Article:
What's more, charities and philanthropic organizations can't be voted out of office. If the City Council approves the head tax and squanders the funds, they can actually lose their jobs. They are, at least in theory, accountable to the people of this city. They have to tell us where our money goes; Dick's or Amazon or Microsoft or anyone else fighting the head tax, on the other hand, does not. We need more accountability, not less, so while Dick's burgers and shakes may be the best pre-hangover cure in the land, when it comes to tax policy, their heads are stuck in the fryer.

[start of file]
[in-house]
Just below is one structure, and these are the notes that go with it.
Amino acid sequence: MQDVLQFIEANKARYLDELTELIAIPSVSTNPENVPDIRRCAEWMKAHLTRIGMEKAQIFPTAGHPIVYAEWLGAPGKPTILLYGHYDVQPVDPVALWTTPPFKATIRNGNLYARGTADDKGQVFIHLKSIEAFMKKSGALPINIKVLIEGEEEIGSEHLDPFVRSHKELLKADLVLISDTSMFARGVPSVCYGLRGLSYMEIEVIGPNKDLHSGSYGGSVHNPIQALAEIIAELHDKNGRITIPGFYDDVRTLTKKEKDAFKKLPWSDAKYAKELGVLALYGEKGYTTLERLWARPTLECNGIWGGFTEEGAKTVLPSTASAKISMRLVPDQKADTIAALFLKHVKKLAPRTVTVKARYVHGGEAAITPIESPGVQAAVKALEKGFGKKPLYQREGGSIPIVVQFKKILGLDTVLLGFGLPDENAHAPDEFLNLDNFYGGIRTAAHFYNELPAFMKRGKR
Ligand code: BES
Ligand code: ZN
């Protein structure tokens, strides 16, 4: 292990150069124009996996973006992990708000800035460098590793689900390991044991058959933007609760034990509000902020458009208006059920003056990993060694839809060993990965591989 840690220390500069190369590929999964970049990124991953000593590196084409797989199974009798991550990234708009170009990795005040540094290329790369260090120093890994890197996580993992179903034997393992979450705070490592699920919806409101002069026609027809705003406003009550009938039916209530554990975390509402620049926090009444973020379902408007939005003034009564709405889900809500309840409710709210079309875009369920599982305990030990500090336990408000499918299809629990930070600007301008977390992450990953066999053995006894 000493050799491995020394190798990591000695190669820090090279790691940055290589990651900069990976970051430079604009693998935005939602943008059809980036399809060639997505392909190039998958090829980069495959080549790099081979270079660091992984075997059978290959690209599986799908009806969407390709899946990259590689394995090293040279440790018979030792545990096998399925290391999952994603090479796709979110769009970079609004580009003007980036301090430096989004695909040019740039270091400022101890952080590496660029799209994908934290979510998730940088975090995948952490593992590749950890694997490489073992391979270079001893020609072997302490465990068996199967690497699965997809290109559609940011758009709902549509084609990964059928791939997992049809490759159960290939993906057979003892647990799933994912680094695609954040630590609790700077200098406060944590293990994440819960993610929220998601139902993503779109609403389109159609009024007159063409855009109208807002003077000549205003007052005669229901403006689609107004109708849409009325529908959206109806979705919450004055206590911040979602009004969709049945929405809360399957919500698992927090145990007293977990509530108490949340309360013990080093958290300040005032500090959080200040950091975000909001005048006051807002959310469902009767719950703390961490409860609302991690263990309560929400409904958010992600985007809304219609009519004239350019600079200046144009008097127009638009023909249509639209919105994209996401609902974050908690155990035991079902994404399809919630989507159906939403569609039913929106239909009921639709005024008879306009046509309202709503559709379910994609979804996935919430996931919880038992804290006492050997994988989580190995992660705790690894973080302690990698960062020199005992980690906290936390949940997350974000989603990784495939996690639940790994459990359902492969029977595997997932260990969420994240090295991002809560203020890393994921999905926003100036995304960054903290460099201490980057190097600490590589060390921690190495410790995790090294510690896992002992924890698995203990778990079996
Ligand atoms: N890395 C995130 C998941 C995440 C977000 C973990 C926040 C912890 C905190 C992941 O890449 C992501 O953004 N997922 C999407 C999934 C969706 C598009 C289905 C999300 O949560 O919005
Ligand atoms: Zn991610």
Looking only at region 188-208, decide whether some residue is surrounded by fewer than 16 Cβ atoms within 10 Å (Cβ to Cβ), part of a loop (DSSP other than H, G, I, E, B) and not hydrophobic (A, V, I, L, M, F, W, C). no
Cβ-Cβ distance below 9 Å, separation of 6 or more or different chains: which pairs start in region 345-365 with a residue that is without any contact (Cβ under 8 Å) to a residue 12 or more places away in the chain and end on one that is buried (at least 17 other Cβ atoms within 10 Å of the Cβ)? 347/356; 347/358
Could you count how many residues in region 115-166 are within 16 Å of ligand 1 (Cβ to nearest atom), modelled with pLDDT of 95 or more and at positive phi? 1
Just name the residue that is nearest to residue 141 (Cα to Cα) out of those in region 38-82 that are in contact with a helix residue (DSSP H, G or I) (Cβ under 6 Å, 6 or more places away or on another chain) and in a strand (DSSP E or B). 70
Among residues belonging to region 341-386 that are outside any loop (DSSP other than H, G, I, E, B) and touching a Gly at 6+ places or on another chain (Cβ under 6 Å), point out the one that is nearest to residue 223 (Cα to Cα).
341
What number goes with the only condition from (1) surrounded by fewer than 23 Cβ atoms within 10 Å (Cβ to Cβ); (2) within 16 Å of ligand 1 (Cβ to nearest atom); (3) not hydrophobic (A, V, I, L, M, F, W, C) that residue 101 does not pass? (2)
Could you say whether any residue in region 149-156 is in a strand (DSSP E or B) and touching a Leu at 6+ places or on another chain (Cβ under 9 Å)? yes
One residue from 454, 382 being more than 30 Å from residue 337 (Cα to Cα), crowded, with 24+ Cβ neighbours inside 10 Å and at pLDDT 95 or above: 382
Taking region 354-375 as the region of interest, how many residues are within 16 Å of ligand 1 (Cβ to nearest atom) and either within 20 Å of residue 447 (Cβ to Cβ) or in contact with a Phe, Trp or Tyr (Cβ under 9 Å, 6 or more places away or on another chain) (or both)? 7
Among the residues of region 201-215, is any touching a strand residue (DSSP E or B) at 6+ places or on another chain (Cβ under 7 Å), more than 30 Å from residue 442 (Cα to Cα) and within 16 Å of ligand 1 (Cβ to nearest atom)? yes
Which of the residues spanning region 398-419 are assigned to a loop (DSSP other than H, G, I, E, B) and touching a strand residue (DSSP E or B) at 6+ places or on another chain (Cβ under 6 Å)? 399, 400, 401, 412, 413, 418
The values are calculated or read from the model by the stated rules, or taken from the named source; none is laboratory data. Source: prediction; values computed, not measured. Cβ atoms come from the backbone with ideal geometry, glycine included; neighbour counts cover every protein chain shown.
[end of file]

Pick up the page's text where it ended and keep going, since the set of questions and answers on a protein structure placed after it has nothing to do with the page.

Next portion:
That said, in a city with giants like Amazon within its borders, targeting small businesses like Dick's makes little sense. Unlike Amazon, Dick's isn't driving up the cost of living and they are actually making this city a better place for more than just their own employees. I know this will never happen, but I'd like the head tax to target only the richest of the rich: Companies with revenues not of $20 million annually, but of, say, $20 billion. Should the head tax pass as currently written, according to the Times, Amazon's share of the burden would be $43 million by 2021—which is couch cushion change for a company with revenues of over $50 billion in the first quarter of this year alone. And if companies worth billions want to take their balls and go home, so be it. Actually, perhaps they should leave the balls, which will make a fine public biodome when they're gone.